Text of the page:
For nearly five decades, the number of female senators has slowly crept upward, peaking at 13 in 2001. This year, the 42-member chamber has 11 women.
But it will drop off markedly next year: A combination of retirements and defeats at the polls means there will be only six female senators in 2013.
“It is disappointing,” said Sen. Gay Kernan, a Hobbs Republican who has served for a decade and returns next year. “I think women bring a certain perspective to the Legislature that I think we miss out on when our numbers decrease.”
Coincidentally, the state House gained five women — possibly six, depending on the outcome of a still-unsettled Las Cruces contest — in this year’s elections.
That means overall, the 112-member New Mexico Legislature next year will have at least the same number of women it has currently, 31.
The historical high was 36 women in 2001, according to records compiled by the Legislative Council Service.
If the number for next year is 31, that means women will account for nearly 28 percent of New Mexico lawmakers. That would give the state a ranking of 18th nationally in the percentage of female legislators, according to the Center for American Women and Politics at the Eagleton Institute of Politics at Rutgers University.
So what difference does it make whether the lawmakers who are involved in committee discussions, floor debates and behind-the-scenes confabs are female?
“In general, I think women have a tendency to be really good listeners,” Kernan said. And they may be more willing to compromise, she suggested.
Senate Rules Committee Chairwoman Linda Lopez, D-Albuquerque, who returns next year for a fifth term, said women tend to focus more on commonalities, and on seeking resolution — “so you don’t perpetuate the issue; you try to find a way of resolving it.”
They’re used to negotiating, said Sen. Mary Kay Papen, D-Las Cruces, who’s headed back for a fourth term.
“And so many issues pertain to women and to families. I’m distressed that we don’t have more women, that we’ve lost women,” Papen said.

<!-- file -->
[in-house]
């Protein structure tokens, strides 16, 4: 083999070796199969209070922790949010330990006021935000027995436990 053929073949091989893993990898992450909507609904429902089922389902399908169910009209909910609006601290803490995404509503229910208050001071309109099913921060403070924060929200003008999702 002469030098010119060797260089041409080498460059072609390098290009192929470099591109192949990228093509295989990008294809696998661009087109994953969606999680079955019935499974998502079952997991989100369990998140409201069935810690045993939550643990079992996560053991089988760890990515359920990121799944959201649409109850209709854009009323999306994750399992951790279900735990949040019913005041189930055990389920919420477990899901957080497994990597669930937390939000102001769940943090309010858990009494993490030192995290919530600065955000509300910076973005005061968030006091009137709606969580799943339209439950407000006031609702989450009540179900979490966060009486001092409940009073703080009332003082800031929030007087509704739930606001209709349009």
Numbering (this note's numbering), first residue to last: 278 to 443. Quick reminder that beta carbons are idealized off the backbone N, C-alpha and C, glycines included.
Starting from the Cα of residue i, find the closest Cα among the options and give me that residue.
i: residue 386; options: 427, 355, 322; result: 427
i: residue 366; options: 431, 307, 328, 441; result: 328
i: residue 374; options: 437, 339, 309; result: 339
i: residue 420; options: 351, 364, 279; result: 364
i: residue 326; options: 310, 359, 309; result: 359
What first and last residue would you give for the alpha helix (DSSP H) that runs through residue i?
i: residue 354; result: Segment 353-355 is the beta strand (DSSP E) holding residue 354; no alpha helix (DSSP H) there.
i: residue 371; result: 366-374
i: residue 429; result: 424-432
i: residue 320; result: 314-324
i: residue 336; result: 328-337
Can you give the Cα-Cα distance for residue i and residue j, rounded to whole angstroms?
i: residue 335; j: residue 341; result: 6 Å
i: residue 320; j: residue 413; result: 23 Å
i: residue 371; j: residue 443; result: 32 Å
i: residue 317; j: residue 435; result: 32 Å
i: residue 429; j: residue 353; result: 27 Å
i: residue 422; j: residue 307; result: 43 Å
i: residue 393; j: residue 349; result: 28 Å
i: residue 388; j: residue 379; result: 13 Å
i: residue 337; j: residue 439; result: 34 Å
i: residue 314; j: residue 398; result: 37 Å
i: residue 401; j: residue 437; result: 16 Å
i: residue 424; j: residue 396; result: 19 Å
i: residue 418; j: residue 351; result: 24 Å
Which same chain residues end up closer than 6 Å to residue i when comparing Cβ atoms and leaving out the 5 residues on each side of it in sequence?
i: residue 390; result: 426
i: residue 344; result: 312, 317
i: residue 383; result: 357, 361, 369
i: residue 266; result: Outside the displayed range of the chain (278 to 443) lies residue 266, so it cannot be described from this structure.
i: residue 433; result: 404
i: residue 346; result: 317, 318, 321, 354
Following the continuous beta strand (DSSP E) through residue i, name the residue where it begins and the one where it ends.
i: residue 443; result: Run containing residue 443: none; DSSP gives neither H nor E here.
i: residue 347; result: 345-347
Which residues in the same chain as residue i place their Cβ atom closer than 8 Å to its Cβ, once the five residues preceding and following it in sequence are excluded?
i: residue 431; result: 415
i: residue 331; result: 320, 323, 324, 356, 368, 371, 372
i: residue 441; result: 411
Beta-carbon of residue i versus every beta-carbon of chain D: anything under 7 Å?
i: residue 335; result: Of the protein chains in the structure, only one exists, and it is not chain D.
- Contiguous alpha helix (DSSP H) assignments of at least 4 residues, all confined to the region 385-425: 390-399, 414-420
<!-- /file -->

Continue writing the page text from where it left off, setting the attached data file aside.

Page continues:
Departing Sen. Dede Feldman, D-Albuquerque, who’s retiring after 16 years, said much of a lawmaker’s job is gathering information, learning the basics about issues that are unfamiliar.
“You’ve got to be able to ask stupid questions,” she said. “I think a lot of times men don’t want to ask the stupid questions.”
“The voices of women are important on financial issues — on taxation issues, on bread-and-butter family issues,” Feldman said. “Women have a different take on it.”
Sen. Sue Wilson Beffort, R-Sandia Park, who has been in the Senate since 1996 and is a longtime member of the powerful Finance Committee, said a growing portion of the state budget is allocated for Medicaid, child care, behavioral health and other related issues.
But men haven’t been as interested as women in serving on the between-session interim committees that deal with those issues in hearings that can be long and painstaking, she said.
“As you’re constructing the budget, you really have to understand the issues inside and out when making judgments on where you fund things,” the lawmaker said. “It would be nice to get some more robust participation on these committees.”
Susan Loubet, executive director of New Mexico Women’s Agenda and a lobbyist for decades on women’s issues, said it’s not just about numbers, but about whether female lawmakers have power.
The women leaving the Senate at the end of the year include Democratic Whip Mary Jane Garcia of Doña Ana; Education Committee Chairwoman Cynthia Nava, D-Las Cruces; Conservation Committee Chairwoman Bernadette Sanchez, D-Albuquerque; and Feldman, who chairs the Public Affairs Committee. On the House side, three members of the influential Appropriations and Finance Committee — Reps. Danice Picraux, D-Albuquerque; Joni Gutierrez, D-Mesilla; and Rhonda King, D-Stanley — are leaving.
“We’re sort of starting over again in terms of gaining power,” Loubet said.
The first female state senator was Democrat Louise Coe, a teacher and school superintendent who lived on a ranch near Carrizozo and served from 1925 through 1940. It would be another 25 years before a woman was in the Senate again.
Coe served as Senate president pro tem for six years, the only woman thus far to do so. Now two female senators are trying to follow in those footsteps: Both Lopez and Papen have announced they’re running for the Senate’s top job. It’s vacant because President Pro Tem Tim Jennings, D-Roswell, was defeated in his re-election bid.
— This article appeared on page A1 of the Albuquerque Journal